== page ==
I don't know if I'm going to continue reading Spider-Gwen on a monthly basis.  I do dig the comic, its writing, and its art - I even read one of the trade paperbacks - but damn, there's so much to read these days.  Also, most people read Earth-616-based comics.  It's great the way Doctor Octopus and the other New York based heroes and villains are echoed in Earth-65, but it takes a while to get used to them.  I don't know; I was leaning toward not reading Spider-Gwen after this crossover event before reading this issue, but I'm kinda' leaning toward reading more of it after reading it.

Monday, February 6, 2017

The Woods #29

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The Woods, Issue #29 continues the story where several of the Bay Park students have returned to Earth, over two years after their disappearance, and they have brought Doctor Robot, a creature from the moon they were marooned on, with them.  Sanami explains the situation to Senator Ramirez, that they were sent to an alien moon, that they fought to survive, and that aliens are going to come to Earth.  Meanwhile, back on the moon, Karen and company are trying to sneak into the Horde's fortress.

I've been a big fan of The Woods ever since the first two trade paperbacks came out on ComiXology.  I quickly bought all of the old issues for $1.99 each and began reading all of the new issues as they came out.  My only fear is that this series seems ripe for an unsatisfying ending, such as the aliens being defeated simply, like in an old Star Trek episode where they reconfigure the transporters.  With seven issues left and James Tynion IV at the helm, though, I don't see that happening.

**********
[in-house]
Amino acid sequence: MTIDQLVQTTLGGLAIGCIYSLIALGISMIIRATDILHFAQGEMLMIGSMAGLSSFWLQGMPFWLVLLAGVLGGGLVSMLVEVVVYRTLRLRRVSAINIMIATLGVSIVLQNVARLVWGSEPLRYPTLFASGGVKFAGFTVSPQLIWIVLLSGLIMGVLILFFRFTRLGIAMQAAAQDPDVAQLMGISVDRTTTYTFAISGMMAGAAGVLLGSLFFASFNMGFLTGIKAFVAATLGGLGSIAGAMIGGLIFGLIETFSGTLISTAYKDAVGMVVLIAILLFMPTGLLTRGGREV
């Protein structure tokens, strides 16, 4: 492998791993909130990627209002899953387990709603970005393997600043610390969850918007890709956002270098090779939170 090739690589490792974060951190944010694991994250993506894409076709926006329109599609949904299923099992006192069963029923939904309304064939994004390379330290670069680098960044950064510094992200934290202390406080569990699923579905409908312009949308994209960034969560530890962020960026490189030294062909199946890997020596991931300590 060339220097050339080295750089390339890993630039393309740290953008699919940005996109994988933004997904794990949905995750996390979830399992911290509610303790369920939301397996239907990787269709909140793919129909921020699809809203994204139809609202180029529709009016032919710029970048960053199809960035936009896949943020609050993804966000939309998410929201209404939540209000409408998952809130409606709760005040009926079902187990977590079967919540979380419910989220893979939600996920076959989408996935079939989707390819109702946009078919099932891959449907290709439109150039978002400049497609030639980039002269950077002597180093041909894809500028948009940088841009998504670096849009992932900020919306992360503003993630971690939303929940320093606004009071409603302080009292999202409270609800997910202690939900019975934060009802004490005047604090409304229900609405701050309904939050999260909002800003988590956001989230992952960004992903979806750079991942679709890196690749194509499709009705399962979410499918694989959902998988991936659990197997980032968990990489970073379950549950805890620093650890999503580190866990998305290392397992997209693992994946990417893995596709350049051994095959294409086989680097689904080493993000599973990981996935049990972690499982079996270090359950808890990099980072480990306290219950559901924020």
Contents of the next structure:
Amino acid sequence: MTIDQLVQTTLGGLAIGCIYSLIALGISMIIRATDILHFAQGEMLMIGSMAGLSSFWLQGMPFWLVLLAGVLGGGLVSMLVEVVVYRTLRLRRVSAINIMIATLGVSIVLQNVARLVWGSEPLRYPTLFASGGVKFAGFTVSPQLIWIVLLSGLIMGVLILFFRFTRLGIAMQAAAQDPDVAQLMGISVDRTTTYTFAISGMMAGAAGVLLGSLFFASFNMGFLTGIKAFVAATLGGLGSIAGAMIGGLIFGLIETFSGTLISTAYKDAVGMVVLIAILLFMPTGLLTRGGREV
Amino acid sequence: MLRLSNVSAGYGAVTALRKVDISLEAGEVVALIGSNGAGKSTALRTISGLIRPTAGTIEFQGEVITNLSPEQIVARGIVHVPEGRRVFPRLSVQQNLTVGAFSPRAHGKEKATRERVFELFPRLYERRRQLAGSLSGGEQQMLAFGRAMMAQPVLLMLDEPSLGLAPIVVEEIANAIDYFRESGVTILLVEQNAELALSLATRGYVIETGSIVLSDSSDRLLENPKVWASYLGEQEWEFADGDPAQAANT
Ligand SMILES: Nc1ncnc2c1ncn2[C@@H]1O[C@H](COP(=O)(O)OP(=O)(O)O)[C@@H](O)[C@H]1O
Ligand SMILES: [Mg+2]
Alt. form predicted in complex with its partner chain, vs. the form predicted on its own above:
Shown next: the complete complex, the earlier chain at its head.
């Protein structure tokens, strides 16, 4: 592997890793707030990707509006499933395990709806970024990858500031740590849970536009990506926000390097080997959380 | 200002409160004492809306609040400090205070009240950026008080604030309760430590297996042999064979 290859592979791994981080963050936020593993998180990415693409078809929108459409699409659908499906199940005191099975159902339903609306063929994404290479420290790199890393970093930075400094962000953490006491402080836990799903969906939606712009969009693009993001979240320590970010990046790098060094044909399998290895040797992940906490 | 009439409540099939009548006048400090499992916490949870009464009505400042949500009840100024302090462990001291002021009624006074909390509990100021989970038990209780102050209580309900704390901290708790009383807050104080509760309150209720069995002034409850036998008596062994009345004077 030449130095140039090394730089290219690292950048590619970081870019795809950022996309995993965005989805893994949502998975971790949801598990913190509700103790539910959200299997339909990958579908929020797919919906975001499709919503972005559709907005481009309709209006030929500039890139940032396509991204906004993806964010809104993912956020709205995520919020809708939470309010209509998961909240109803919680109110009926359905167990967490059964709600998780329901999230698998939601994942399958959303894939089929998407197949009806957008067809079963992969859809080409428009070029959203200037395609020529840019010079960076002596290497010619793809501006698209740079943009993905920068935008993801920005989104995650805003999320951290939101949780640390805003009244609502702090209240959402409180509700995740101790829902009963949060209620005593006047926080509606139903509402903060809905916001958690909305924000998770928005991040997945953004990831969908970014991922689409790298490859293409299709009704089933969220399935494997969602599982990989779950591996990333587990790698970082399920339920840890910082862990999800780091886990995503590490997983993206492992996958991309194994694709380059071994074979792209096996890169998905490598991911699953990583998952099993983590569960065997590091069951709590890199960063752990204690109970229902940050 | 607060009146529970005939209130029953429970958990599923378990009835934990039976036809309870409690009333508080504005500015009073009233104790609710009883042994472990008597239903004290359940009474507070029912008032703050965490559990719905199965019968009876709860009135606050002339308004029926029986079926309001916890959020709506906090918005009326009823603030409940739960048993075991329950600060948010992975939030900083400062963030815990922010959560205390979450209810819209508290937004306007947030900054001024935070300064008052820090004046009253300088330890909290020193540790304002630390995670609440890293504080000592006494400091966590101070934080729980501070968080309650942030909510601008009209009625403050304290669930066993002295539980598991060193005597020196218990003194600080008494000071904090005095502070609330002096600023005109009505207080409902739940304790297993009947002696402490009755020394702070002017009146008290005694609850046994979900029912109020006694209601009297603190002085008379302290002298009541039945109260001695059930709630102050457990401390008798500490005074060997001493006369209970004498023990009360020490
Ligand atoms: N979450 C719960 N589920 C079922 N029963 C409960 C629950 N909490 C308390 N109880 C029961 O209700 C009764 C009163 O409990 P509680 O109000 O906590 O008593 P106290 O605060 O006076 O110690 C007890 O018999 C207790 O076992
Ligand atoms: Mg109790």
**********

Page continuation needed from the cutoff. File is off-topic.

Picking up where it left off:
Sunday, February 5, 2017

Hawkeye #3


Hawkeye, Issue #3 begins with Kate Bishop being chased by the T.B.C., an organization dedicated to... uh, scaring women?  That isn't really explained in the first two issues.  Anyway, she's saved by Detective Rivera, who pushes her off a pier when everyone's chasing her.  Detective Rivera doesn't want to explain much to Kate, but she does mention that there's mind control involved.  Bishop is all on her own, without the Young Avengers or Clint Barton to back her up, a simple private eye who shoots arrows.